Security Experts:

Industry Reactions to FBI Cleaning Up Hacked Exchange Servers: Feedback Friday

U.S. authorities revealed this week that the FBI executed a court-authorized cyber operation to remove malicious web shells from hundreds of compromised Microsoft Exchange servers located in the United States.

FBI agents removed the backdoors by issuing a command through the web shell to the server. The agency said it may have been more challenging for individual server owners to detect and eliminate these web shells compared to other web shells.

Industry reactions to FBI secretly cleaning up hacked Exchange Servers

The clean-up operation — the first known of its kind — was conducted without the knowledge of the hacked servers’ owners. The FBI is now working on notifying the owners and operators of the targeted systems.

SecurityWeek has reached out to experts from several companies for their thoughts on the FBI’s operation and its implications for the industry.

And the feedback begins...

Dr. David Brumley, CEO and co-founder, ForAllSecure:

David Brumley

“The effort by the FBI, as described in the Justice Department press release, amounts to the FBI gaining access to private servers. Just that should be a full stop that the action is not ok. While I understand the good intention — the FBI wants to remove the backdoor — this sets a dangerous precedent where law enforcement is given broad permission to access private servers.

 

As an analogy, would you want the FBI rattling your doorknob, checking if there is a master key available to criminals, and then replacing your lock without explicit consent? Of course not. That's not the role of law enforcement. Why would we want this in the digital domain?

 

There is a slippery slope if we go down this path. We don't want a future where the FBI determines someone may be vulnerable, and then uses that as a pretext to gain access. Remember: the FBI has both a law enforcement and intelligence mission. It would be the same as a police officer thinking your door isn't locked, and then using that as a pretext to enter.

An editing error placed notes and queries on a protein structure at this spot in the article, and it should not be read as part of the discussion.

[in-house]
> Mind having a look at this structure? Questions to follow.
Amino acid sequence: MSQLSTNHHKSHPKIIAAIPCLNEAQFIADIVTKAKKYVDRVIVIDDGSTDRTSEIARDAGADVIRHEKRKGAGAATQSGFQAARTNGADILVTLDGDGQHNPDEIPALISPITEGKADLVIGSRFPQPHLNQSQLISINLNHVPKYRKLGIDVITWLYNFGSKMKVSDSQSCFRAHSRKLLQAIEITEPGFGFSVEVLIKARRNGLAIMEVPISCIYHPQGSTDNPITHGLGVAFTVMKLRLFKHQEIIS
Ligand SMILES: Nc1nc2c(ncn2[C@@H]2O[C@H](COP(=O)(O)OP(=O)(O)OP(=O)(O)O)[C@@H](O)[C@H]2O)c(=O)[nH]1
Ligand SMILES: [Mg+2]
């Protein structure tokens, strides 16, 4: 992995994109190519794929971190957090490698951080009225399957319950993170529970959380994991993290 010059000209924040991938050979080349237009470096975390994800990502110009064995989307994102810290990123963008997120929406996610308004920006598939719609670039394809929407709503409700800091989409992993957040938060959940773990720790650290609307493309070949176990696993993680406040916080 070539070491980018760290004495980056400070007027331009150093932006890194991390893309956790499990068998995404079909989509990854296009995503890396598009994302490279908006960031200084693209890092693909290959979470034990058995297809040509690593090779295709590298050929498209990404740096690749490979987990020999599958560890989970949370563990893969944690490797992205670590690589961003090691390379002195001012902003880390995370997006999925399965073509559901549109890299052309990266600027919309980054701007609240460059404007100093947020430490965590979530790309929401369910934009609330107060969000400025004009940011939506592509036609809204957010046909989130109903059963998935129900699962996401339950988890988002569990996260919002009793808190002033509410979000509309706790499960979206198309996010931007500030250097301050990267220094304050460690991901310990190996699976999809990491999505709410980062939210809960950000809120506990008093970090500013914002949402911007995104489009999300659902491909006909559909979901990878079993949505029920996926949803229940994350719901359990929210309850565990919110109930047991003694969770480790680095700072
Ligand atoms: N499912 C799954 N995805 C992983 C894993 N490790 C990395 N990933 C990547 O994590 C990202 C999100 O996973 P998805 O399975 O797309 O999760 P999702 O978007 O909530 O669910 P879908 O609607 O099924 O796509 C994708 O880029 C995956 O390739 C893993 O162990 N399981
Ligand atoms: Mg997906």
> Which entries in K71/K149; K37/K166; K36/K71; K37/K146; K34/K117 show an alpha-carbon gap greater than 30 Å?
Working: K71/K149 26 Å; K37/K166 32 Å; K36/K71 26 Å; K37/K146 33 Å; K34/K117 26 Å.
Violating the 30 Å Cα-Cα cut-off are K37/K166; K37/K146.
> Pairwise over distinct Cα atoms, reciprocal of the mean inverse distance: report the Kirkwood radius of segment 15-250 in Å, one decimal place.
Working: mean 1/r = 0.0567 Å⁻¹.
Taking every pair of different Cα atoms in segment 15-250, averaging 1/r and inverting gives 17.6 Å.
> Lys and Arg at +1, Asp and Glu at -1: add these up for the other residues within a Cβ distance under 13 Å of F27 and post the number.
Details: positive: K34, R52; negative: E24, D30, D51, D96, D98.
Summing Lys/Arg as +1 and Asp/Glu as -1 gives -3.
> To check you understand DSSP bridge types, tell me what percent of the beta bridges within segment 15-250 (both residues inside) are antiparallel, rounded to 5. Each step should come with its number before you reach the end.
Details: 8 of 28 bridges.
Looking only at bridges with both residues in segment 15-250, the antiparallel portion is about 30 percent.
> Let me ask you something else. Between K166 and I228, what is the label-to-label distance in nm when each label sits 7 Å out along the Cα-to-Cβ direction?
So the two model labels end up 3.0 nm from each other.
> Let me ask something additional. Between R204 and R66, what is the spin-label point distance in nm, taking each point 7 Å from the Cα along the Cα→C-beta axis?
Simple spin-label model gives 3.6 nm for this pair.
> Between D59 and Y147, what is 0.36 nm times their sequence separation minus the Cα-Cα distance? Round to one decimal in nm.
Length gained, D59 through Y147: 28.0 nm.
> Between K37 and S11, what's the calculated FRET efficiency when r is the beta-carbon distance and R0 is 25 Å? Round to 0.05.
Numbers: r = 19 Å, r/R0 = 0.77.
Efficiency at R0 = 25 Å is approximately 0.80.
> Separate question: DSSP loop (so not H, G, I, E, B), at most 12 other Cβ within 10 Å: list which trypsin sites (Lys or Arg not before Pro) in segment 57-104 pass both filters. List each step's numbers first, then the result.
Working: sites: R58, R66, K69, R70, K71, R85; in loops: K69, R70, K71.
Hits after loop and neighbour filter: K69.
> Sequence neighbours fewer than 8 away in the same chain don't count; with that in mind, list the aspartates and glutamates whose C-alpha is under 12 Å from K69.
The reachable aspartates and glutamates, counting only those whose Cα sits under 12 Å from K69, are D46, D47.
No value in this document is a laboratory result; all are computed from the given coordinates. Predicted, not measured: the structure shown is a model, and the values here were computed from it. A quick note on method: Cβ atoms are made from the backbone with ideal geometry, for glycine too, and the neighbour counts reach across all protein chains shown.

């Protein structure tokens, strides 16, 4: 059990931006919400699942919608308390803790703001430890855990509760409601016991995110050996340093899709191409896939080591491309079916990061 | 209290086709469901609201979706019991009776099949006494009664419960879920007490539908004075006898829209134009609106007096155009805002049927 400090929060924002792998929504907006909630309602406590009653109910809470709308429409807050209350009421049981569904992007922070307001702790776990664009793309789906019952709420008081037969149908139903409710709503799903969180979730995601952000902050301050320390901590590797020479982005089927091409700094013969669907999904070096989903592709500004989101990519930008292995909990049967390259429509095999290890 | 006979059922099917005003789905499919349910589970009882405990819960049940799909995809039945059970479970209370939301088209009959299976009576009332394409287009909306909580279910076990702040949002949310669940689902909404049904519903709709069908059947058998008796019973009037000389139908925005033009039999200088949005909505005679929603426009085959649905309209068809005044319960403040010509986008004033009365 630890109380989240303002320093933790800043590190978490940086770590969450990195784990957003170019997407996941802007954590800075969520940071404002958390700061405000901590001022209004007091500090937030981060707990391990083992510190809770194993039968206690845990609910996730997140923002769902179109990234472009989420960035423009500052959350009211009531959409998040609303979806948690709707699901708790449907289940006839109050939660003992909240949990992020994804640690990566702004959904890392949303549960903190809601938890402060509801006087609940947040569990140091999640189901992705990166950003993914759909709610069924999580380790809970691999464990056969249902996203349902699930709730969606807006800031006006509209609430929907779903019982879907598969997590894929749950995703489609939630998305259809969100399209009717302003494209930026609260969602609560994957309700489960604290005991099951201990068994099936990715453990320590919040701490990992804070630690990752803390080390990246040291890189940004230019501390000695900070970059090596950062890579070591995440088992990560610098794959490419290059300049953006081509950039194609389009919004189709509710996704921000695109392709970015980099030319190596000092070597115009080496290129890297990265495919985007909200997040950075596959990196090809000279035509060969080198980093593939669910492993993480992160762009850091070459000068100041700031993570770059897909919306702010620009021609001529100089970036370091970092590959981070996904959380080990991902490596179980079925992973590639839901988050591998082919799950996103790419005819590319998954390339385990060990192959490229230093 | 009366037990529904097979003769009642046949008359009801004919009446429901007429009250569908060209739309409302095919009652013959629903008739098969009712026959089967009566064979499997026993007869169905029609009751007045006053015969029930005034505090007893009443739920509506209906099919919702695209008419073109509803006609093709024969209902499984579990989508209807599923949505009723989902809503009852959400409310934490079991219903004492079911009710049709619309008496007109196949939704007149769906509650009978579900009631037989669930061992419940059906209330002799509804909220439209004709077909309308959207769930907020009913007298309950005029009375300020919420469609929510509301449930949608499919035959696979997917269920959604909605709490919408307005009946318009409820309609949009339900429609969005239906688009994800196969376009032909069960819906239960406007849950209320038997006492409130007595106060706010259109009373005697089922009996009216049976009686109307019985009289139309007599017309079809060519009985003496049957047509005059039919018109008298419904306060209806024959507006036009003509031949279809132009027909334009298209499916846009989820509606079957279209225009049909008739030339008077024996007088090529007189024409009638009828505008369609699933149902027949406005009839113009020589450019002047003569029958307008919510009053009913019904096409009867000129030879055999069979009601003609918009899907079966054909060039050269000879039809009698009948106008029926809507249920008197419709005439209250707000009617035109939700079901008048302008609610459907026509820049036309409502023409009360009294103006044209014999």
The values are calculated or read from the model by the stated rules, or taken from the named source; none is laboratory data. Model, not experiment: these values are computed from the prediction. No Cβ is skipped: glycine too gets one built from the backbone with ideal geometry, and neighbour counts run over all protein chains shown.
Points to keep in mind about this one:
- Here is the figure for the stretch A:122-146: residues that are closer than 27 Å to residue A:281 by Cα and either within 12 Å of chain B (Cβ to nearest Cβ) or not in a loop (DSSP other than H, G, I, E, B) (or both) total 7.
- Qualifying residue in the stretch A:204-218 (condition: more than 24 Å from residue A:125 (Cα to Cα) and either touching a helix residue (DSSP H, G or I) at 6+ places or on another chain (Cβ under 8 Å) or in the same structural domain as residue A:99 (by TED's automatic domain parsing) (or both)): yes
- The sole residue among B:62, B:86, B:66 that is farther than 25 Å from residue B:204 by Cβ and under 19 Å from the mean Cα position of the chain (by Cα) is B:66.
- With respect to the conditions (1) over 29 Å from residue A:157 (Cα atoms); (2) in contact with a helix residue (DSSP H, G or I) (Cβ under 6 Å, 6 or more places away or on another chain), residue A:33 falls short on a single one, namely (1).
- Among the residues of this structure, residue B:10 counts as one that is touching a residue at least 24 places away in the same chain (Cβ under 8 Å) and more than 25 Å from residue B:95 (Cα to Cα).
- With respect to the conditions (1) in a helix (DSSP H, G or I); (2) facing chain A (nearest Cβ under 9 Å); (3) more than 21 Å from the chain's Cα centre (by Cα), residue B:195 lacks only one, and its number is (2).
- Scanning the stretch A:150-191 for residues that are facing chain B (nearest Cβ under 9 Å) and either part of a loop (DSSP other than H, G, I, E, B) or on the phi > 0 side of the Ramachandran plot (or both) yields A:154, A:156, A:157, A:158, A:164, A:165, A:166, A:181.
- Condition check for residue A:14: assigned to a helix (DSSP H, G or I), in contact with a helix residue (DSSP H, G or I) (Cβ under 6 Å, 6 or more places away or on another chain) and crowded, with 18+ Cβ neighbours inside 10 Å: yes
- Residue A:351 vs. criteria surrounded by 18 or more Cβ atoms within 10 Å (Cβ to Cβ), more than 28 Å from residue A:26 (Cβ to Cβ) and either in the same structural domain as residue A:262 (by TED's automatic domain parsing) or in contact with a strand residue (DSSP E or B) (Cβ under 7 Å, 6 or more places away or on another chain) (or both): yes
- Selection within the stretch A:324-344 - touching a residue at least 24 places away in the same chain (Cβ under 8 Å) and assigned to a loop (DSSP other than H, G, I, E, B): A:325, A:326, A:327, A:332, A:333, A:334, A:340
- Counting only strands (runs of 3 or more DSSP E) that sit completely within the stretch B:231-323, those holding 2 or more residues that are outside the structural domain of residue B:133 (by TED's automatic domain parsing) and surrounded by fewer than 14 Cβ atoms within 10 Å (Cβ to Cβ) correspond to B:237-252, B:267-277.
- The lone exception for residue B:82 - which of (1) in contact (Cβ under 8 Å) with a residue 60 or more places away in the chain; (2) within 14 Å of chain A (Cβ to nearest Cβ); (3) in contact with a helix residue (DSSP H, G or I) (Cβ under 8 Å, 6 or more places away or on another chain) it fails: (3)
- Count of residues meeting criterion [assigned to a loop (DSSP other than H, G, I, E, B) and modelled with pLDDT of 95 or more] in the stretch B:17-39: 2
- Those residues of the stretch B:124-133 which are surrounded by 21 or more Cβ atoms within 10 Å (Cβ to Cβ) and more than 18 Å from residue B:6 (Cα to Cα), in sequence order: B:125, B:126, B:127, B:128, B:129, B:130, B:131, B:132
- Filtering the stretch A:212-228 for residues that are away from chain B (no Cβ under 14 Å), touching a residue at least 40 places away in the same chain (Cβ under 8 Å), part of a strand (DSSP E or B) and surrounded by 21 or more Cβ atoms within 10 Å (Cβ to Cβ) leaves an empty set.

Courts should not be circumventing the need for the FBI to have consent to enter, even if there is a backdoor. Consent from the owner, given that the owners are not involved in a crime and there is no evidence of an active crime being carried out, should be a requirement.”

Tal Morgenstern, Co-Founder and CPO, Vulcan Cyber:

Tal Morgenstern

“The cyber security industry needs to do a better job closing the exposure window from vulnerability disclosed, to vulnerability fixed. However, this is much easier said than done. In the case of compromised Exchange Servers used by various U.S. Government agencies, the FBI took matters into their own hands to remediate the threat. Every security and IT organization has change controls in place. For the FBI, they decided to circumvent any change controls in place using a court order and a search warrant to stop the bleeding and secure these servers. In my opinion, the FBI made the right move and we need to see more proactive steps taken to remediate the vulnerabilities we know are out there threatening both our national and corporate interests.”

Jeff Costlow, CISO, ExtraHop:

Jeff Costlow

“It’s an extraordinary step for the FBI to remove backdoors from hundreds of Microsoft Exchange email servers throughout the US. The Microsoft patch, issued 6 weeks ago, fixed the vulnerabilities and stopped any new infections, but couldn’t remediate any already exposed backdoors from breached servers.